Lupus & the Lungs
An estimated 50% of people with lupus will develop lung disease at some point during the course of their disease. For people with lupus, symptoms like shortness of breath, chest pain – or pain in the chest area – pain in your lungs when you take a deep breath, dry cough, coughing that brings up blood or wheezing should be mentioned to your doctor.
There are typically six lung issues that might occur with SLE:
Acute Lupus Pneumonitis
Chronic Lupus Pneumonitis
Shrinking Lung Syndrome
Pleuritis is the swelling or inflammation of the lining of the two layered membrane of the lung. The inflammation can cause sharp, stabbing pain when breathing. If fluid escapes the membrane the condition is called pleural effusion. Pleuritis – with or without effusion – is a defining feature of and part of the classification criteria for SLE. Pleuritis is treatable and antimalarials like Plaquenil may help prevent the condition.
Acute lupus pneumonitis is inflammation of the lung itself and is a serious condition characterized by chest pain, shortness of breath and dry cough that may bring up blood. Acute lupus pneumonitis requires immediate treatment. Even with immediate treatment, lung scarring may occur and be irreversible.
Chronic lupus pneumonitis is similar to acute lupus pneumonitis except that the symptoms accumulate over years. It’s possible to have chronic lupus pneumonitis with or without ever having had acute lupus pneumonitis. The disease often takes long to develop and consequently patients may not realize or complain about symptoms. Treatment is available however like acute lupus pneumonitis, scarring to the lungs is irreversible.
Pulmonary hypertension is a unique form of high blood pressure in which the blood vessel that carries blood from the heart to the lungs thickens and doesn’t allow the appropriate amount of blood to flow. This causes the heart to work harder and getting oxygen to your body is more difficult and as a result is reduced. There are treatments for pulmonary hypertension.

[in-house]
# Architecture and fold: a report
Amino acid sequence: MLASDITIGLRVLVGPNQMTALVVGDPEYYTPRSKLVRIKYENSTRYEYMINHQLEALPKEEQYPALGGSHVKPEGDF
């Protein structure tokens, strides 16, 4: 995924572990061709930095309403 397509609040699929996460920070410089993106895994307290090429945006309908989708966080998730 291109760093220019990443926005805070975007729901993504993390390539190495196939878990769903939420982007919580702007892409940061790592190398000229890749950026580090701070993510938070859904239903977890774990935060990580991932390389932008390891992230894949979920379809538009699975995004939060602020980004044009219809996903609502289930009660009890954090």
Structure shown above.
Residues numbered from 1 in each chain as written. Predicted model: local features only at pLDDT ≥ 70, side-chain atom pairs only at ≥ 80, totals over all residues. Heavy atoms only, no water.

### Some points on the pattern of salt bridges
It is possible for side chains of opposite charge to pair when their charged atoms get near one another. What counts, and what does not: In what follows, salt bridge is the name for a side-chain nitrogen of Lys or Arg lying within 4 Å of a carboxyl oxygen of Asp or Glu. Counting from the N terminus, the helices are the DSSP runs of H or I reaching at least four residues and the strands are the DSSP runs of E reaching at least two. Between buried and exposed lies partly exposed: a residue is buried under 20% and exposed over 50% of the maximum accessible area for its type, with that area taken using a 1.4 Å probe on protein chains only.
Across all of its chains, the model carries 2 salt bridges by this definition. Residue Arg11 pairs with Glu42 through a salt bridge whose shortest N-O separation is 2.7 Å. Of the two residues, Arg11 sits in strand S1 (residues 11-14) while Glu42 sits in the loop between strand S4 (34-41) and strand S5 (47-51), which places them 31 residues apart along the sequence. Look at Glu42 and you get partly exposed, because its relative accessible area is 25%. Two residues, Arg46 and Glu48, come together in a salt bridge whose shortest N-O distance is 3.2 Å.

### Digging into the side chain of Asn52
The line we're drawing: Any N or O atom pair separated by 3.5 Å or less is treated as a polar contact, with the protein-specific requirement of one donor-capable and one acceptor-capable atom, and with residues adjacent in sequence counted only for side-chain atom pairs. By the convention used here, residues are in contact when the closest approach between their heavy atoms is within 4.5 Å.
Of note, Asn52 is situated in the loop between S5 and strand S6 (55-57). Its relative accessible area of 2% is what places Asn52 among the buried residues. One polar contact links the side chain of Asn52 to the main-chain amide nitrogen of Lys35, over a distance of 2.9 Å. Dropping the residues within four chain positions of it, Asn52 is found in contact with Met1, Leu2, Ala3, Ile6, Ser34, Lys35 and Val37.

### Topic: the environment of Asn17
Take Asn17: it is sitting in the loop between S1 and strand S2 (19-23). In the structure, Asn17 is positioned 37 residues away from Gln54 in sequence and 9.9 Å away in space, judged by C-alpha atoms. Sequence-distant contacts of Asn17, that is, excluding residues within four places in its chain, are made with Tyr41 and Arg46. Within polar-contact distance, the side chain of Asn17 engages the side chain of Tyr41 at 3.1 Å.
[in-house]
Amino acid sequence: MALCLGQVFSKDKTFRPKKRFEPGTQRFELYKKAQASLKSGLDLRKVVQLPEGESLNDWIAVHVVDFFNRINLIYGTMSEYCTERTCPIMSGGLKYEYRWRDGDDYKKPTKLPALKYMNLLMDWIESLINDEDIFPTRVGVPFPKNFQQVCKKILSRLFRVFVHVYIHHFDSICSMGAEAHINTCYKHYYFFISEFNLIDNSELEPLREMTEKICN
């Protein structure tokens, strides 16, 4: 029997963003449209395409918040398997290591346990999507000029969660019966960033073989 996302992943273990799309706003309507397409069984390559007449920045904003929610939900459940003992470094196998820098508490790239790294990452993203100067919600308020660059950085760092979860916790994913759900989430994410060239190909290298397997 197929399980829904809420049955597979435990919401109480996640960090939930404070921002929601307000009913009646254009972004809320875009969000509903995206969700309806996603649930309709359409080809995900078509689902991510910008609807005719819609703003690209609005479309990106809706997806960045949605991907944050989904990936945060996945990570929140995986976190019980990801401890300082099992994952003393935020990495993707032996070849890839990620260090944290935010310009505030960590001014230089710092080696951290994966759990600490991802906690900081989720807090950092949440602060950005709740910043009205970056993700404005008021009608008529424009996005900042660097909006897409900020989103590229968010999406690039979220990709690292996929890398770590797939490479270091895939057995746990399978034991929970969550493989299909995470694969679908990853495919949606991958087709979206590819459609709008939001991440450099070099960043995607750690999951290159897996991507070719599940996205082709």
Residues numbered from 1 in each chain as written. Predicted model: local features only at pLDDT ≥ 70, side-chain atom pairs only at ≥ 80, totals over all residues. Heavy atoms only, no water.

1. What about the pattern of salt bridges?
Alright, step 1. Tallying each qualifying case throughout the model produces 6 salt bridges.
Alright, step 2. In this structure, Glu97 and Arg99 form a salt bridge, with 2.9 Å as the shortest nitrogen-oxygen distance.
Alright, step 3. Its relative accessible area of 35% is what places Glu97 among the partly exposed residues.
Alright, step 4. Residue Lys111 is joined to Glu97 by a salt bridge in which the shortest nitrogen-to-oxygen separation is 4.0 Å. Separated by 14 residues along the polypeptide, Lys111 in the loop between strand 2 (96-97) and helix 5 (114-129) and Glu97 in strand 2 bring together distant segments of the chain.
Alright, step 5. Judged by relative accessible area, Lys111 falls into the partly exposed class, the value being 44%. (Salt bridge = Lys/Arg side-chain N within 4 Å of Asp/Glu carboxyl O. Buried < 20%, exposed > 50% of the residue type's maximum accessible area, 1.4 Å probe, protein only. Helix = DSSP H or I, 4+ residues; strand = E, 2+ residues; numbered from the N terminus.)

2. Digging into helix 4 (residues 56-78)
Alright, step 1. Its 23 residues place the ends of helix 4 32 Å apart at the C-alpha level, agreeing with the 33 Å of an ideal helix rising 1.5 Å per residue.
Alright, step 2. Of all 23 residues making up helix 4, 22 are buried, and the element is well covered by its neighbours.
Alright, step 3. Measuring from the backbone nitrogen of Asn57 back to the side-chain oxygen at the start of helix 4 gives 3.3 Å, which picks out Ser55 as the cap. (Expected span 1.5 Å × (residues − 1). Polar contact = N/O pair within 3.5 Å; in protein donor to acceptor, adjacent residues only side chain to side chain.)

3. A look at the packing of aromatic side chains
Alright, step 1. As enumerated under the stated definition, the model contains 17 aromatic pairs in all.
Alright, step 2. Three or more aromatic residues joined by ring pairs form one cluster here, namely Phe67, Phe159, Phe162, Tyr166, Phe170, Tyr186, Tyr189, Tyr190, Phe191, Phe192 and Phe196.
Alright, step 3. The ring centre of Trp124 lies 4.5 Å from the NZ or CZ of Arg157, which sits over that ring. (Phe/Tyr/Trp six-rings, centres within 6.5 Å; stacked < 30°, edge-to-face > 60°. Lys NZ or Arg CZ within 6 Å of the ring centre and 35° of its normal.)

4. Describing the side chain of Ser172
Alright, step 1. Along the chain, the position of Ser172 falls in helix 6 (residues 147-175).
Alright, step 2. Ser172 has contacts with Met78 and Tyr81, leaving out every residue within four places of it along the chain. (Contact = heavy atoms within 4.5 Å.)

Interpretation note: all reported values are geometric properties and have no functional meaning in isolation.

Shrinking lung syndrome is a rare lupus complication that results in a feeling of breathlessness and reduced chest expansion. Some people with shrinking lung syndrome improve with treatment.
Pulmonary embolism is when a blood clot travels to the lungs. People with lupus are more likely to develop a pulmonary embolism. The clot typically develops in the leg – symptoms of a blood clot in the leg include warmth, swelling, pain and redness around the area. The clot will travel through the bloodstream to the lung and can actually stop a person’s ability to breath. Pulmonary embolism can happen quickly, can cause lasting damage and requires emergency medical attention.
Take note of your lungs and symptoms and discuss them with your doctor. For more information, contact the Lupus Society of Illinois at [email protected] or call 800-258-7872.
Resources for this article:
Lupus Resources Institute: Breathe Easy: What to Do When Lupus Affects Your Lungs
Johns Hopkins online: Lupus Primer/How Lupus Affects the Body/Lungs
Molly’s Fund: Take My Breath Away: Lupus and the Lungs by Kelli Roseta
Medscape.com: Pulmonary Manifestations of Systemic Lupus Erythematosus by Shikha Mittoo, MD, MHS, FRCPC; Charlene D Fell, MS, MSc, FRCPC, FCCP